CARING owners are killing their dogs with kindness – by letting them get obese.
Latest figures from the People’s Dispensary for Sick Animals (PDSA) PAW Report estimates that 46 per cent of dogs are clinically obese.
Yet, worryingly, only 15 per cent of owners would describe their animal as overweight.
Pet Vet Sean McCormack believes that although giving treats to reward good behaviour is important, we should do so in moderation.
Like humans, if pets overindulge, they will also pile on the pounds.
Bobby the cavalier King Charles spaniel is one of many dogs who got portly after being over-fed by his doting owners.
Sean says: “We all love our pets, but if everyone in the household is giving a biscuit or treat under the dinner table daily, you could be harming them in the long-term.”
Overweight dogs are at risk of diabetes, arthritis, high blood pressure and respiratory issues.
The Association For Pet Obesity Prevention is working to help owners keep them healthy.
FEEDING CHART WITH FAMILY
Founder Dr Ernie Ward says: “Our goal is to help pet parents identify weight gain at the earliest possible age, recommend evidence-based interventions, enhance well-being and extend longevity.”
Sean adds: “There are many ways to get your pet back on track, and your local vet will always be happy to support their weight-loss journey.
“Getting your pet’s weight back under control, sometimes by having a regular weigh-in to monitor things, will ensure a longer, happier and healthier life. So it’s worth making that first step today.
“I urge people to follow these points in order to keep their pet a healthy weight.”
“Get the whole family involved by creating a feeding chart so everybody will know when your dog has been fed.
SWAPPING TREATS FOR A CUDDLE
“Treats shouldn’t take up more than ten per cent of their daily intake, so try swapping treats for a cuddle, scratch or a game of ball. Aim for 20 minutes of walking twice a day. But If your dog struggles at first, start lower and gradually increase your walks by five to ten minutes each week.
“If you have an active pup, swimming is a great way to keep them busy — and great for their joints.
“A low-fat, high-fibre diet will help your dog feel fuller for longer. Check your portion sizes and cut down on the amount of human food they get.
“Regular weight checks can also help ensure you are going in the right direction. Human scales can be used for small dogs.
“For a medium-sized dog, weigh yourself, and then weigh yourself again while holding your dog and subtract the difference. The weight of larger dogs are best checked at your vet.”
Star of the week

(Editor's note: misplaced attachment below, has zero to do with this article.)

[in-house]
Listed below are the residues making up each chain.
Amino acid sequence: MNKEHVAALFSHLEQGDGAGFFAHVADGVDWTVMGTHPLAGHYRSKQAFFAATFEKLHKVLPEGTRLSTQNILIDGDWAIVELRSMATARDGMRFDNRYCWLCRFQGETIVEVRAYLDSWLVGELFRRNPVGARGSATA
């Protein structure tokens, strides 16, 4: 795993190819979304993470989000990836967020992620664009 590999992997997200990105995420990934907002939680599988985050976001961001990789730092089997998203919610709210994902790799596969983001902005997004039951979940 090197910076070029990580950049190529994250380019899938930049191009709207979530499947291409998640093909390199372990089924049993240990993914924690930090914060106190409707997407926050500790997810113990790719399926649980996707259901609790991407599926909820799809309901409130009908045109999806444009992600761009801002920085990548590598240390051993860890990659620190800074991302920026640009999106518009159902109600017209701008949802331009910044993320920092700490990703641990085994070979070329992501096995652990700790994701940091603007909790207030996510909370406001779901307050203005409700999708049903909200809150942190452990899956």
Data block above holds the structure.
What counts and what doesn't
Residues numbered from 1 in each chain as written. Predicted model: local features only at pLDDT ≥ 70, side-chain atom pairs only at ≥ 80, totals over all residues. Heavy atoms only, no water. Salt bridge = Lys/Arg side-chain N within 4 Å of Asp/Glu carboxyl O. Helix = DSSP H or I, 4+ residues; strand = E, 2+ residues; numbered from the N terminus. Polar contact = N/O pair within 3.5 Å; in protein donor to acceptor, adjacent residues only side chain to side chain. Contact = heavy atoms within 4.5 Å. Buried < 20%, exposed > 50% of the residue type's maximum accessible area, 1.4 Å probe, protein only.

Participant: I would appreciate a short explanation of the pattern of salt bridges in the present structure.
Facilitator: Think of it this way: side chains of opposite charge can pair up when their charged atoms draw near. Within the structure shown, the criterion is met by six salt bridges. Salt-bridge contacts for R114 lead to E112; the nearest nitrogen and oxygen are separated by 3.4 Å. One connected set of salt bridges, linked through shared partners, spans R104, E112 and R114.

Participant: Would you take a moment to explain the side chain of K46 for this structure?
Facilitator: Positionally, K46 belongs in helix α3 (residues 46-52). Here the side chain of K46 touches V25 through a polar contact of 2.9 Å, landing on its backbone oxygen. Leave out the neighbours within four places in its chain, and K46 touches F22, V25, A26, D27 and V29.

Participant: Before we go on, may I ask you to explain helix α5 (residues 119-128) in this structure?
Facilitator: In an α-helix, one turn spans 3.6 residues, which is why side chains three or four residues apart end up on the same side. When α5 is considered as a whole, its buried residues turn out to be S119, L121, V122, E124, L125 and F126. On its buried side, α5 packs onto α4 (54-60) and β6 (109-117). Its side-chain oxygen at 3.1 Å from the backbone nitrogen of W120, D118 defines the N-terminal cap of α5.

GENTLE giant Joey had been left to die on the streets of Afghanistan when Louise Hastie found him seven years ago while working for an animal charity.
His tail and ears had been hacked off and he was in such a terrible state that Louise, 46, from Wednesbury, West Mids, thought putting him to sleep would be the best solution.
But she said: “Joey did not try to run, it was almost like he knew we were there to help him.”
Louise, who has suffered her own personal problems, raised £16,000 to bring Joey back to the UK along with four more dogs and three cats.
She said: “Joey and the other animals gave me something to live for.”
HELEN JENKINS, from Suffolk, is worried about her bunny Benji.
She says: “My house rabbit hates me using my mobile phone. Whenever I am on it he jumps up at me, runs around and chews on the skirting boards. As soon as I end the call he stops. Do you have any advice?”
Sean says: This is an example of attention-seeking behaviour when your focus is elsewhere.
It’s hard to diagnose what’s going on without observing exactly what happens at the time.
In any case, rabbits are an extremely social species, so I always strongly urge owners to keep them in bonded pairs.
Keeping a rabbit alone is a bit sad for the bunny and can lead to behavioural problems.
Maybe it’s time to get your bunny a friend? I’m sure a local pet rehoming shelter or charity would help find a suitable companion.
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MARIANNE JONES, from Mayfair, central London, owns chihuahua Betty.
She says: “How often do you need to brush your dog’s teeth? I try to when they have a bath but he doesn’t really like it very much. Would it be OK to get them done every six weeks or do they need a vet or dog dentist to do it?”
Sean says: The correct answer is every day, like us. Three times a week is the minimum to prevent dental disease.
I realise that’s not something every dog owner is prepared to do, and many dogs won’t tolerate it.
Feeding dry food and dental chews helps slow down plaque. But without brushing, it’s pretty much inevitable your dog will develop bad breath alongside tartar on the teeth.
A trip to the vets will allow them to scale and polish the teeth under anaesthetic, reaching all those hard-to-reach areas.
It is really important as dental disease can have knock-on effects on health if left unaddressed.
Your vet will examine your dog’s mouth at their annual health check and recommend what is needed.
- SEAN McCORMACK, head vet at tailored food firm tails.com, is on a mission to help pets.
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